Ethnic Heritage Ensemble’s jazz unites the contemporary with the ageless

Saturday, February 29, Café Coda, 8 p.m.

Saturday, February 29, Café Coda, 8 p.m. Info

Photo: Kahil El’Zabar, by Sheldon Levy on Flickr.

Helmed by percussionist Kahil El’Zabar, Chicago’s ever-shifting Ethnic Heritage Ensemble has spent 47 years sharpening the edge of jazz’s avant-garde by constantly drawing on the music’s deep roots. In music they describe as “spiritual and Afro-futuristic jazz,” El’Zabar and co. at once strive to create something new and emphasize the very oldest elements of jazz, giving listeners a rich and intuitive sense of the journeys the genre has made between continents, cultures, and sub-genres.

Across its career, and especially on the new album Be Known Ancient / Future / Music, EHE has explicitly reintroduced the West African rhythms and tendencies that informed jazz at its origin. This approach gives the music a new layer and freshness while also making it feel unmistakably right, like two family members meeting again after a long time apart. 

This full-circle feeling is particularly strong on “Be Known,” on which El’Zabar swaps out a drumset for a hand drum. Two elements stand out at the forefront of this track: El’Zabar’s percussion and the chanted vocal refrain of “be known.” The persistent drums, never solo-ing or diverging from the initial pattern, and repeating chants create this impression of a cycle, almost like the song will never end and never exactly began, either. The rhythm simply washes over you, carrying Alex Harding’s baritone saxophone and Ian Maksin’s cello with it.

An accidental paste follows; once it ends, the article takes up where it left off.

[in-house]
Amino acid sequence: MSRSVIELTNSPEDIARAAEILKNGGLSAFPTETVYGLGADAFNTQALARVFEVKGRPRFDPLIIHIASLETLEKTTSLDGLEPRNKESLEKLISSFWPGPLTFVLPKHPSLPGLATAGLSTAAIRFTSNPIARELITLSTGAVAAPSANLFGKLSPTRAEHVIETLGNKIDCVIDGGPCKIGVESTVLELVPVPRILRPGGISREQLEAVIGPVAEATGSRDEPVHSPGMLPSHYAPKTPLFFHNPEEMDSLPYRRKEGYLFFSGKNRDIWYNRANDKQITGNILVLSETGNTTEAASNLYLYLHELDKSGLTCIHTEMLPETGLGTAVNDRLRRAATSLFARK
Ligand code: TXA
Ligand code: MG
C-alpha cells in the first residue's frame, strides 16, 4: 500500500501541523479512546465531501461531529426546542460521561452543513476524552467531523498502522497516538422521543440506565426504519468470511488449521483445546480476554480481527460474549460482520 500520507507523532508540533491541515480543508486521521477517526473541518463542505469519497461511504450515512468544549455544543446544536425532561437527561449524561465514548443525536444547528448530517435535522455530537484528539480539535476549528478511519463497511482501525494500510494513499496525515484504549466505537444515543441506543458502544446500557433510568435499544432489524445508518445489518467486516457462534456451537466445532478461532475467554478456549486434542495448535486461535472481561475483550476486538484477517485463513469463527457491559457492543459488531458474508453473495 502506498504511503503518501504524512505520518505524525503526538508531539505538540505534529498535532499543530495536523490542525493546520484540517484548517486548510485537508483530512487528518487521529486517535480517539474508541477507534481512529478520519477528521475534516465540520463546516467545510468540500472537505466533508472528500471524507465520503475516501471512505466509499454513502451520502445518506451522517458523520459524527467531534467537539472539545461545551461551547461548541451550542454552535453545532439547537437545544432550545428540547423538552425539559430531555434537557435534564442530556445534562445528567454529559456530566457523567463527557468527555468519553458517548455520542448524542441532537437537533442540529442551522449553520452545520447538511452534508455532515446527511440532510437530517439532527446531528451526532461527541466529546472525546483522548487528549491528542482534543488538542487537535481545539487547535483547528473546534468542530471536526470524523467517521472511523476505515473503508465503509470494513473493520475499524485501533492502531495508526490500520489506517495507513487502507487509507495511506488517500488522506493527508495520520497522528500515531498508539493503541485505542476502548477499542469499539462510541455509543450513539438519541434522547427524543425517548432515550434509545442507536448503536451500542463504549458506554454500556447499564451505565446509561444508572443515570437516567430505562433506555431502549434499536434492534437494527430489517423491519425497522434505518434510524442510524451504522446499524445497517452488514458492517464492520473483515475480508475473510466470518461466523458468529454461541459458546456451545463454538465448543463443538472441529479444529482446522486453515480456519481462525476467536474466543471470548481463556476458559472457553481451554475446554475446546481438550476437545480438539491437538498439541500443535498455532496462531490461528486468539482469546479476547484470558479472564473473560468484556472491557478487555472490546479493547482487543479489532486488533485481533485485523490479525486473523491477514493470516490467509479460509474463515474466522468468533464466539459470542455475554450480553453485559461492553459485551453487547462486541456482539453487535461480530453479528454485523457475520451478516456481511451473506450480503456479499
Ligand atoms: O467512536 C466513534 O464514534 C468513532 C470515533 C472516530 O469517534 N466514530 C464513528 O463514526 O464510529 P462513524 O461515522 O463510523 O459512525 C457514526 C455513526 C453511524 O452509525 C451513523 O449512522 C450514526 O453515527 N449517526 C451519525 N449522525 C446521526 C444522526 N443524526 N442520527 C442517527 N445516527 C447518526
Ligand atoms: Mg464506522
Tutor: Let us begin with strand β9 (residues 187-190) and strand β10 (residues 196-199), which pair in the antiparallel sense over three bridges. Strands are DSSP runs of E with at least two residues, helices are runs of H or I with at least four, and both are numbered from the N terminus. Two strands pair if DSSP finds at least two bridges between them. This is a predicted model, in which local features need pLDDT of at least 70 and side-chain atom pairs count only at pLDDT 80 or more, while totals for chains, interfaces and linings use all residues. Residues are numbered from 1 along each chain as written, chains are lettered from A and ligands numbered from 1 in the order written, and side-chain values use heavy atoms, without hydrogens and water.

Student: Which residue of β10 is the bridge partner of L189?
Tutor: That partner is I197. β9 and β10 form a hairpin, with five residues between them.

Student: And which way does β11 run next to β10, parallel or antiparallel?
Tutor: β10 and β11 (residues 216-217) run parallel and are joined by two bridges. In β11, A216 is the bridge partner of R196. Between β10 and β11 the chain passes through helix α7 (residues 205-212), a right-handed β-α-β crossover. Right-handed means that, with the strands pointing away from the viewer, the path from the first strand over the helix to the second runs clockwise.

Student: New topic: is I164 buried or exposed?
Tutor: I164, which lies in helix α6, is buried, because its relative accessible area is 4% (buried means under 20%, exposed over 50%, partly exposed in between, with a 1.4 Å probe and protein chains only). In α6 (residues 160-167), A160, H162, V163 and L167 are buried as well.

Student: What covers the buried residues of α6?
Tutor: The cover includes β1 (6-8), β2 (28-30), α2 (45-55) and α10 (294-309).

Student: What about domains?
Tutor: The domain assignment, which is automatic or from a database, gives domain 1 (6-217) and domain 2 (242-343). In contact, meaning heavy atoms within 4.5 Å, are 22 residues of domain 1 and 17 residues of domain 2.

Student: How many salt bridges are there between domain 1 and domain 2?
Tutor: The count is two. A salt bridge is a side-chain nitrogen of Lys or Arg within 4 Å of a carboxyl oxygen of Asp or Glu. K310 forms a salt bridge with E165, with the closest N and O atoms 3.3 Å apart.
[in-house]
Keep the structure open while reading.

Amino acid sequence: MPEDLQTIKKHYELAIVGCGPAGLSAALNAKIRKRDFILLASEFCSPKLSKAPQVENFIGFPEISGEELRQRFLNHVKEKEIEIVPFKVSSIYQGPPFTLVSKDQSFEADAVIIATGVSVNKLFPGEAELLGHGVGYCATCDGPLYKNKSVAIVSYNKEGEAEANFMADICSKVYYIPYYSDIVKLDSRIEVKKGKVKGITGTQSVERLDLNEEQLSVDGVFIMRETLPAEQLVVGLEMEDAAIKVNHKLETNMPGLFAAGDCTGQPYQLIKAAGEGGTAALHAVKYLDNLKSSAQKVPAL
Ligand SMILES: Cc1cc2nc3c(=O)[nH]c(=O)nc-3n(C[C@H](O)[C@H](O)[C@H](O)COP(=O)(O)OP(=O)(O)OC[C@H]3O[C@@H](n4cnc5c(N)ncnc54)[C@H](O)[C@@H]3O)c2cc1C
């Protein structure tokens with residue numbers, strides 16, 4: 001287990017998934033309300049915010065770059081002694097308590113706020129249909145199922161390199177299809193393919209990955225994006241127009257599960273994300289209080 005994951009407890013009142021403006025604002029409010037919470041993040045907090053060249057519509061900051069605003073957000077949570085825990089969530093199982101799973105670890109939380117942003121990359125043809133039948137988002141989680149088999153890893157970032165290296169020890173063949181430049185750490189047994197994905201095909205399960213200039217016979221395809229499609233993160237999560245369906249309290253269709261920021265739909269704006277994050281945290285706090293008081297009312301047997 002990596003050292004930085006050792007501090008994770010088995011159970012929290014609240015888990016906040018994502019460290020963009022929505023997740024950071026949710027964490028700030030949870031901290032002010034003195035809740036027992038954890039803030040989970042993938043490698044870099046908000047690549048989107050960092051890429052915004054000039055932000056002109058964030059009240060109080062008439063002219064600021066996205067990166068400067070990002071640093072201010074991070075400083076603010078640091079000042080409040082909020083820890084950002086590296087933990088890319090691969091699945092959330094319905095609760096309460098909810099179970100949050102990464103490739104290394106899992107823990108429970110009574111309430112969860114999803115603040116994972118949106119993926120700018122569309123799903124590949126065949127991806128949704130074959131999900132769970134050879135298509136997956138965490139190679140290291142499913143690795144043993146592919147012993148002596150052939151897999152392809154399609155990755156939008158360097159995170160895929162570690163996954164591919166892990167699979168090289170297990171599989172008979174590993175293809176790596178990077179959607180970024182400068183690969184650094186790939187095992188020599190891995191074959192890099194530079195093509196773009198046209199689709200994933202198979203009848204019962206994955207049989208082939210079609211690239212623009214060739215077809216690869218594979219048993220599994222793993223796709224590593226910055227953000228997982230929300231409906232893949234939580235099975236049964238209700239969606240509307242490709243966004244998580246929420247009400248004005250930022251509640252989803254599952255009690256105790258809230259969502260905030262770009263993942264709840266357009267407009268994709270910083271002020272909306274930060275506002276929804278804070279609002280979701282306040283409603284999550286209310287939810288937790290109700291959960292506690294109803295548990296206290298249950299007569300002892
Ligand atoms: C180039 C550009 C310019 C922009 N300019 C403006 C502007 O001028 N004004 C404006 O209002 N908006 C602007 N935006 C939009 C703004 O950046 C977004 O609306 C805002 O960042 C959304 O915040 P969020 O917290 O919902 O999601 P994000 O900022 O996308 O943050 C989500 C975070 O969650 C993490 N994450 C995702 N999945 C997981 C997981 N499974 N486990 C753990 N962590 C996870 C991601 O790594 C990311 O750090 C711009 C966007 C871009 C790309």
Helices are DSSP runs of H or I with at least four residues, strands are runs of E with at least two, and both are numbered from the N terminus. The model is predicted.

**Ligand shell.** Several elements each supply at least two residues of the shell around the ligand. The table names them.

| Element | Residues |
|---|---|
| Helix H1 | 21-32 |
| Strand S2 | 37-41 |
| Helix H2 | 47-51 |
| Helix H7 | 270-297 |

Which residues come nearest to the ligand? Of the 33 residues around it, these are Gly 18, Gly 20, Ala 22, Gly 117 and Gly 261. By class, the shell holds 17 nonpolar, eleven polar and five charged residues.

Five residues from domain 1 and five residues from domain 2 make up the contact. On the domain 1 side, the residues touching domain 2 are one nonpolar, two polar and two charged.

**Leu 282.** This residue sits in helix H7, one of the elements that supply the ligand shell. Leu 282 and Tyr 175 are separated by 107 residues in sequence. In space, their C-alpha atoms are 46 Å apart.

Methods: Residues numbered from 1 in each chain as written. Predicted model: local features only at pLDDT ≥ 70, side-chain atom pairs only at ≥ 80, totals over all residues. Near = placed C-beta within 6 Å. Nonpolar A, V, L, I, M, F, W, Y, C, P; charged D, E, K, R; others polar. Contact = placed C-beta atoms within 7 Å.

The album’s real stand-out, though, might be “Pharaoh,” named after the great saxophonist Pharaoh Sanders. On the surface, the song is so compositionally sparse that it hardly resembles jazz. The center of this song is a shaken percussion instrument repeating a straightforward pattern over the song’s 7-minute length. It becomes like a jolted, racing heartbeat, and the elements that join it, like a meandering saxophone and El’Zabar’s guttural vocals, become like sensations of the nervous system. This is music that feels intuitive despite its complexity, almost like it occurs naturally—its existence is the result of an ageless, naturally occurring process. In a sense, EHE’s music has been occurring forever, and El’Zabar and his collaborators serve as its powerful conduit to the present.

Help us publish more weird, questing, brilliant, feisty, “only on Tone Madison” stories

This site uses cookies to provide you with a great user experience. By continuing to use this website, you consent to the use of cookies in accordance with our privacy policy.

Scroll to Top